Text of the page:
By Breeana Greenberg, Special to the Independent
The Laguna Beach Unified School District’s Board of Education recently discussed sending a letter reminding district employees that district policy bars them from communicating with individual board members.
At its May 27 meeting, the Board voted to table the conversation until July.
Approved in 2012, the bylaw recognizes the Board as a “unit of authority over the district and that a Board member has no individual authority.” This prevents any individual member from commanding work or information from any school employee. The bylaw explains that Board members should instead submit requests for information to the Superintendent.
The Board also discussed amending the bylaw to add a definition of what it means for a board member to “command” staff. The amendment would also add that board member’s positions “should not interfere with their ability to engaged [sic] in their child’s education, volunteer, or assume similar duties available to other parents, Board members have a unique privilege and responsibility as elected officials and should try to avoid any misunderstanding about their individual authority.”
The discussion came after Member Dee Perry contacted staff on behalf of the Woman’s Club of Laguna Beach.
“There was an incident in April,” Perry explained that she was asked by the Club to “explore possibilities of doing more to serve our English Learners.” Perry contacted a district employee who works with English Learner students. The staffer suggested that STEM camp or activities would be useful.
The Director of College and Career Advantage informed Perry about a free robotics, engineering and manufacturing boot camp that the CCA offered. Perry said a district employee discussed the possible liability of an outside group providing transportation for students to the camp. Perry never received information about solving transportation issues and was met with a memo citing the bylaw regarding board member-employee communications, she said.
“I believe being a Board member does not strip me of my constitutional right to communicate with school district employees,” Perry said. “Board members have a right to conduct independent fact finding that includes contacting district staff.”
Perry also asked administrators if employees must contact their supervisor about any questions asked by a board member.
“You may go in and say ‘I’m here as this, I’m not here as a board member,’ but you’re always perceived as a board member,” board member Jan Vickers said during the meeting. “So I think as long as we remember that, then I think it may help how we address situations.”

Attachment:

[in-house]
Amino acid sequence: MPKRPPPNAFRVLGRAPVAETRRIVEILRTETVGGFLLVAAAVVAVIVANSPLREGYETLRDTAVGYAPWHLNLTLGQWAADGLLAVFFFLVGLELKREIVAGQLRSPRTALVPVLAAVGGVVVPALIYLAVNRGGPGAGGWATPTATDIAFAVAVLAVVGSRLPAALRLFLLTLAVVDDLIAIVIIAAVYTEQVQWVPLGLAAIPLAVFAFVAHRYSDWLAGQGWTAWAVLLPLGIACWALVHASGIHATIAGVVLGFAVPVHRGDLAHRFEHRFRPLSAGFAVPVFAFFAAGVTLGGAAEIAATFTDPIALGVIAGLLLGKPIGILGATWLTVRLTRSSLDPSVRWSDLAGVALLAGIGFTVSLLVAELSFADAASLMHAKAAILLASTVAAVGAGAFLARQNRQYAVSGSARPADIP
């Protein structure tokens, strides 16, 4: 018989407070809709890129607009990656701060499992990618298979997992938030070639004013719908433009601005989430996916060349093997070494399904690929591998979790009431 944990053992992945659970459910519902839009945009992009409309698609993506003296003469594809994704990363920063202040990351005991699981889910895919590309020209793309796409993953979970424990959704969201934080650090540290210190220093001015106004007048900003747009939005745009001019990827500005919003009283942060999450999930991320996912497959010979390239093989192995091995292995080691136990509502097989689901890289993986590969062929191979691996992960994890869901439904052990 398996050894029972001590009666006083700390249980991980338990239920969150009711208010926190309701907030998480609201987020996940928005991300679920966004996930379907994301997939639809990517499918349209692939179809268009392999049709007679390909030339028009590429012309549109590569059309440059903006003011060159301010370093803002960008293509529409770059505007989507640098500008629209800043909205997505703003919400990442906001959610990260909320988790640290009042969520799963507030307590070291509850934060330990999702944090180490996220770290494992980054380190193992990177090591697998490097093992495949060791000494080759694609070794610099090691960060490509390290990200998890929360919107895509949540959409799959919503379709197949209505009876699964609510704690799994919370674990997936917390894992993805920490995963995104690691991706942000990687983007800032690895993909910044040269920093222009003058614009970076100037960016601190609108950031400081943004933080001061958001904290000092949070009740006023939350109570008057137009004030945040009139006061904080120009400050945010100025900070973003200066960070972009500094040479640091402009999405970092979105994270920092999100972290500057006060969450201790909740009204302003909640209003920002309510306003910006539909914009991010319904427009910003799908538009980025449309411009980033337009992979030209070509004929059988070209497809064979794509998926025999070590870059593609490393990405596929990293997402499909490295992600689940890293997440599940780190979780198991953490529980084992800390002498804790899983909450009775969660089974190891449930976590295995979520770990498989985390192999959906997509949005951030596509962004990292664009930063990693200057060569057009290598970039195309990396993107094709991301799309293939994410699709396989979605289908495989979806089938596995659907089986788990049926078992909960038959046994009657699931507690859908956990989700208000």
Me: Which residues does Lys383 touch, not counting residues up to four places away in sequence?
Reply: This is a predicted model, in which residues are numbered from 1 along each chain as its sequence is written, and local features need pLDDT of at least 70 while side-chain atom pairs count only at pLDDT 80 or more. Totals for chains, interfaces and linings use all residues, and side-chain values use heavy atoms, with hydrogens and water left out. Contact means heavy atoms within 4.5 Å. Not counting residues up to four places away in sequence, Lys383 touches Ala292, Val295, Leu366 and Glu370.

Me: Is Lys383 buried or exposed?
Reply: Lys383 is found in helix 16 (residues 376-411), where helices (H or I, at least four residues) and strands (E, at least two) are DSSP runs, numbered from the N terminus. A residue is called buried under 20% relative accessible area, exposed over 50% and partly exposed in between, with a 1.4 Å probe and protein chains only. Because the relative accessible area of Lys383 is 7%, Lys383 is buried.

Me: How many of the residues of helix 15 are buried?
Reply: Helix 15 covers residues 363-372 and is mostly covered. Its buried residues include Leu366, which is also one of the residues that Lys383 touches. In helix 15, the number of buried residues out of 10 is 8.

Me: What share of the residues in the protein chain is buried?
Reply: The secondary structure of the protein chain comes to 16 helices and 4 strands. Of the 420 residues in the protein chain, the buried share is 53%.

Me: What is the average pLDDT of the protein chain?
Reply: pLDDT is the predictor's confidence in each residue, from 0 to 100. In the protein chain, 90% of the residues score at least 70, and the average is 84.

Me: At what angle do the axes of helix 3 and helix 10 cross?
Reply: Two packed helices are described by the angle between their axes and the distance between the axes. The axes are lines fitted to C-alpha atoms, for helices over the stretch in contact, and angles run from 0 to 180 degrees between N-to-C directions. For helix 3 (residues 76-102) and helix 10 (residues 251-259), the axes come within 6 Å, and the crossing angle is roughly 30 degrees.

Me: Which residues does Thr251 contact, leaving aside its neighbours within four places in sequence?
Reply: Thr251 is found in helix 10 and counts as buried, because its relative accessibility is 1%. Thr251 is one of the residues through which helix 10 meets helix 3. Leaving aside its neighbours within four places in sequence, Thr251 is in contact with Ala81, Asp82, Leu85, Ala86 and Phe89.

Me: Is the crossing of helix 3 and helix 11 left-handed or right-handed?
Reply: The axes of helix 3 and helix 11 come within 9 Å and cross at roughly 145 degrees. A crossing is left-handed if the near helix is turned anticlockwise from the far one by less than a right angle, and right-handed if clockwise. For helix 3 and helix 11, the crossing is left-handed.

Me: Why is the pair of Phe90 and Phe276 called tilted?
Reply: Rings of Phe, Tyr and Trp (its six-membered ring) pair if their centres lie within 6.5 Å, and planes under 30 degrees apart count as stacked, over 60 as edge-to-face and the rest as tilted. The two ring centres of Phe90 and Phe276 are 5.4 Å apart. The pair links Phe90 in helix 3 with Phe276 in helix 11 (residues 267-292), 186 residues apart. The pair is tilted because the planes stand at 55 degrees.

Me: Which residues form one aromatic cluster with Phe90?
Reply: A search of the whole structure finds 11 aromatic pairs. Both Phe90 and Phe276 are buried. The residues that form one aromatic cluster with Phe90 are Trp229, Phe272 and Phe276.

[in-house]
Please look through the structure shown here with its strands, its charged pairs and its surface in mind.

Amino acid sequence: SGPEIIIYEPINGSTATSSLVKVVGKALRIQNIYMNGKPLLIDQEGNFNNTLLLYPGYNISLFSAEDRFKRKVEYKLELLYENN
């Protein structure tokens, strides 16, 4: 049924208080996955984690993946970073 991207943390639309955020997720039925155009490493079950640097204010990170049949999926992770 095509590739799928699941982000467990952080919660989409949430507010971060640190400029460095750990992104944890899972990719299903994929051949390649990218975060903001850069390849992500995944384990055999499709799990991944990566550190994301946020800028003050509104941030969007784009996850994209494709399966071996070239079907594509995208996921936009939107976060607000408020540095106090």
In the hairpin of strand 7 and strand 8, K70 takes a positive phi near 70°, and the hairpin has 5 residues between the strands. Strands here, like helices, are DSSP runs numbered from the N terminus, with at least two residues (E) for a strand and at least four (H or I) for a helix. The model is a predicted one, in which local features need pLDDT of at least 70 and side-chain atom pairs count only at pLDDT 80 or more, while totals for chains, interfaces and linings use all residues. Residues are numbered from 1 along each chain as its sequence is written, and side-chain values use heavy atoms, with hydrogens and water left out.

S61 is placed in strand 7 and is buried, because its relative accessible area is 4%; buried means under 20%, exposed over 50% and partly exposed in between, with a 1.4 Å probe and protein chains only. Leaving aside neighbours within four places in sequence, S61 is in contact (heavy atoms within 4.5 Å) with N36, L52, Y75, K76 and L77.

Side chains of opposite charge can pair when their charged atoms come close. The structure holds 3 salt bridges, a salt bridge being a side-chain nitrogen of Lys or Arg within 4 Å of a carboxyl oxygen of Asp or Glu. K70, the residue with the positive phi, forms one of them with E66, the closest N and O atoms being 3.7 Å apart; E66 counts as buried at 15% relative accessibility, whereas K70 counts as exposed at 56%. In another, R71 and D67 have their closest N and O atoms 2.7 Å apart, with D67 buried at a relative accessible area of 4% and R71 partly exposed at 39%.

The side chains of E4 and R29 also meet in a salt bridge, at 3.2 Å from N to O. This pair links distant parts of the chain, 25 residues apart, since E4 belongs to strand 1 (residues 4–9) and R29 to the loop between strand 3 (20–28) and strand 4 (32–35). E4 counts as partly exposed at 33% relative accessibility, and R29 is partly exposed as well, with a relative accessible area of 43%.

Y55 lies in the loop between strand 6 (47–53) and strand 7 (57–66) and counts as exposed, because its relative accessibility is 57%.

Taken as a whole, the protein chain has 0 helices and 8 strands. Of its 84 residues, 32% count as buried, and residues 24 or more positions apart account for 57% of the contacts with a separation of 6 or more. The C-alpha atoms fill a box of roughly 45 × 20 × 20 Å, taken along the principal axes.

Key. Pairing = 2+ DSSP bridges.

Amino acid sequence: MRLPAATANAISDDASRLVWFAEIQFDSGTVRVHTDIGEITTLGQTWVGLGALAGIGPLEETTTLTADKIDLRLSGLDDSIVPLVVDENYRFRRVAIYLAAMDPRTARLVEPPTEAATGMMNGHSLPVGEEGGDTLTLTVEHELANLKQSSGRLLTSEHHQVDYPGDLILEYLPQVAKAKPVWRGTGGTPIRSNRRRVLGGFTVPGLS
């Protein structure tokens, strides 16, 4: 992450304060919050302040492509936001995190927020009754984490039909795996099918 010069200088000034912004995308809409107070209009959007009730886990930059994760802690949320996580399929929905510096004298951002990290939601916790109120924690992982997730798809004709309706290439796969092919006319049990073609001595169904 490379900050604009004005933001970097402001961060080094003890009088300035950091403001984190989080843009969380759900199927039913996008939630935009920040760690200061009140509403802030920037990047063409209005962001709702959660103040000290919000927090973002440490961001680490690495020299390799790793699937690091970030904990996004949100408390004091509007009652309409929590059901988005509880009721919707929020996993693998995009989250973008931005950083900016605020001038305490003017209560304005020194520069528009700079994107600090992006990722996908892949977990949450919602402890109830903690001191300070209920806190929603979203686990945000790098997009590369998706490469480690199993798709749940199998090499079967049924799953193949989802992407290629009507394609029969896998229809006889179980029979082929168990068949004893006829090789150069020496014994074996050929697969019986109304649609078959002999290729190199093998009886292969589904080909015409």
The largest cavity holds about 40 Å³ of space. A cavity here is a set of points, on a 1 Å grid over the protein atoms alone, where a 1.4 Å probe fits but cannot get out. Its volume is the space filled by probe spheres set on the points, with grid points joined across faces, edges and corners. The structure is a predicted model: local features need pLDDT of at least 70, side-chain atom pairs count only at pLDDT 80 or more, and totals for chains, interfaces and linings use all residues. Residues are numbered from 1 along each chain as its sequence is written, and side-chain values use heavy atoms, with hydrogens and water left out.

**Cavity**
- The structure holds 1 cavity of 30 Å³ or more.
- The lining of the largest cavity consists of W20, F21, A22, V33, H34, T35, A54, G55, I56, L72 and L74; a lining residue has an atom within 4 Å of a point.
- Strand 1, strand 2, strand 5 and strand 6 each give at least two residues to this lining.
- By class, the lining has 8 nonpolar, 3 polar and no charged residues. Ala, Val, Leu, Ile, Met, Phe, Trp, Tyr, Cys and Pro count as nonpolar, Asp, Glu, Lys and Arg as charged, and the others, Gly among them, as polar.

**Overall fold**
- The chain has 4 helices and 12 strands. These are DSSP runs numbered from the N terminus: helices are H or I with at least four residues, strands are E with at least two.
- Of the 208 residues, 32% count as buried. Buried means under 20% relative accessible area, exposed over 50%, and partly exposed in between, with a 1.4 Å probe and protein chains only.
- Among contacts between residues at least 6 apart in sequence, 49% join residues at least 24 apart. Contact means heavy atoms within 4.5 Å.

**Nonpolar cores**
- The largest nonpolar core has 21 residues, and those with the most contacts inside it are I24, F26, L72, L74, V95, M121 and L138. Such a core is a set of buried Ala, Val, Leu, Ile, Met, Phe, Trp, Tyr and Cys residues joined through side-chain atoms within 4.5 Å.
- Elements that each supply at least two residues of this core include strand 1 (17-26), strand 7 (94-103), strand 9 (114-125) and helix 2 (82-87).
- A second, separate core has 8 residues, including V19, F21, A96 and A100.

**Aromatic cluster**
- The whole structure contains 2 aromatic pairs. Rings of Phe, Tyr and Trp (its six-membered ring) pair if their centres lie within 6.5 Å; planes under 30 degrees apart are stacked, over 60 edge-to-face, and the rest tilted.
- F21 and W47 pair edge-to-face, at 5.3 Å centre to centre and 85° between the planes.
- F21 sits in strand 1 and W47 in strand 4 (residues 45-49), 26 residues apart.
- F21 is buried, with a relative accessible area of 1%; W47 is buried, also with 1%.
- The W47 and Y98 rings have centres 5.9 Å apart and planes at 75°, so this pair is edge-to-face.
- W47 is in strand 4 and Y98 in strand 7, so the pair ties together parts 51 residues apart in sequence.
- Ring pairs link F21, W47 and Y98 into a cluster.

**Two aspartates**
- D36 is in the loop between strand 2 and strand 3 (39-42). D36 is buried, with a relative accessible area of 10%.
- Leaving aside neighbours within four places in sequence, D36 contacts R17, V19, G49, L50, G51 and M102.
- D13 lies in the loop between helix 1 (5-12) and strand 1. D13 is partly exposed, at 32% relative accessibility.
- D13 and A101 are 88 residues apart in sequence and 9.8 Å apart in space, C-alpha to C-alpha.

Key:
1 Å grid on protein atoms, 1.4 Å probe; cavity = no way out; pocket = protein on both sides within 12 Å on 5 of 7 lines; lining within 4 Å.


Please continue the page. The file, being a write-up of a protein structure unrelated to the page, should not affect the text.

Amid public criticism for poor transparency, the Board voted to postpone discussion on authorizing staff to make minor revisions to Board policies and bylaws until July.
“Seems that we’re in a period of time where there are continuing comments about board members not conforming to the Brown Act, not conforming to proper meeting protocols,” Vickers said. “And I think that the timeliness of this, that we have a portion of our community who feels that we are not behaving properly, that this is not the time to bring this forward, even though it makes sense.”
In other business, the Board discussed resuming in-person meetings as the state plans to fully reopen the economy on June 15.
“I think it’s extremely important for the board to resume in person meetings, and perhaps consider a combination of a Zoom call in, as I think you are getting a lot more participation with Zoom calls,” Laguna Beach parent Sheri Morgan said. “However, these are supposed to be public meetings, and one of the benefits of a public meeting is to be able to see who else is in attendance, and who else is supporting your thoughts and ideas.”
“I do think it’s time to show that you’re not afraid anymore, and that the science is clear, it’s OK to be outside of your house and be around other people, do your job, like all other essential workers have been doing for the past year,” resident Anne Morreale said.
Still under the guidance of maintaining six-feet distance, the Board looked at alternative locations for its future meetings that would have more room to do so. One alternative was Thurston Middle School’s library.
The Board previously approved buying new audio-visual equipment for its meeting room. However, COVID-19 prompted the Board to delay the purchase. Using Thurston’s existing equipment, outfitting the library for board meetings would be about half this cost, staffers said.
Board members concluded that they’d like to be back in-person in July, once new equipment can be installed at Thurston. Live streaming and hybrid access to meetings will also continue to be offered.
The Board also discussed ending the emergency authority granted to the superintendent signed in March 2020.
“Traditionally, these types of resolutions are for, you know, major gas leaks that are happening on the school site, you know, those sorts of things where, you know, immediate action has to be taken or to, to address those,” Supt. Jason Viloria said. “So, this is the first time that we’ve had a situation where it’s a pandemic and that we’ve had this type of order.”
The Board plans to vote at the upcoming June 8 meeting for the emergency authority to dissolve on June 15.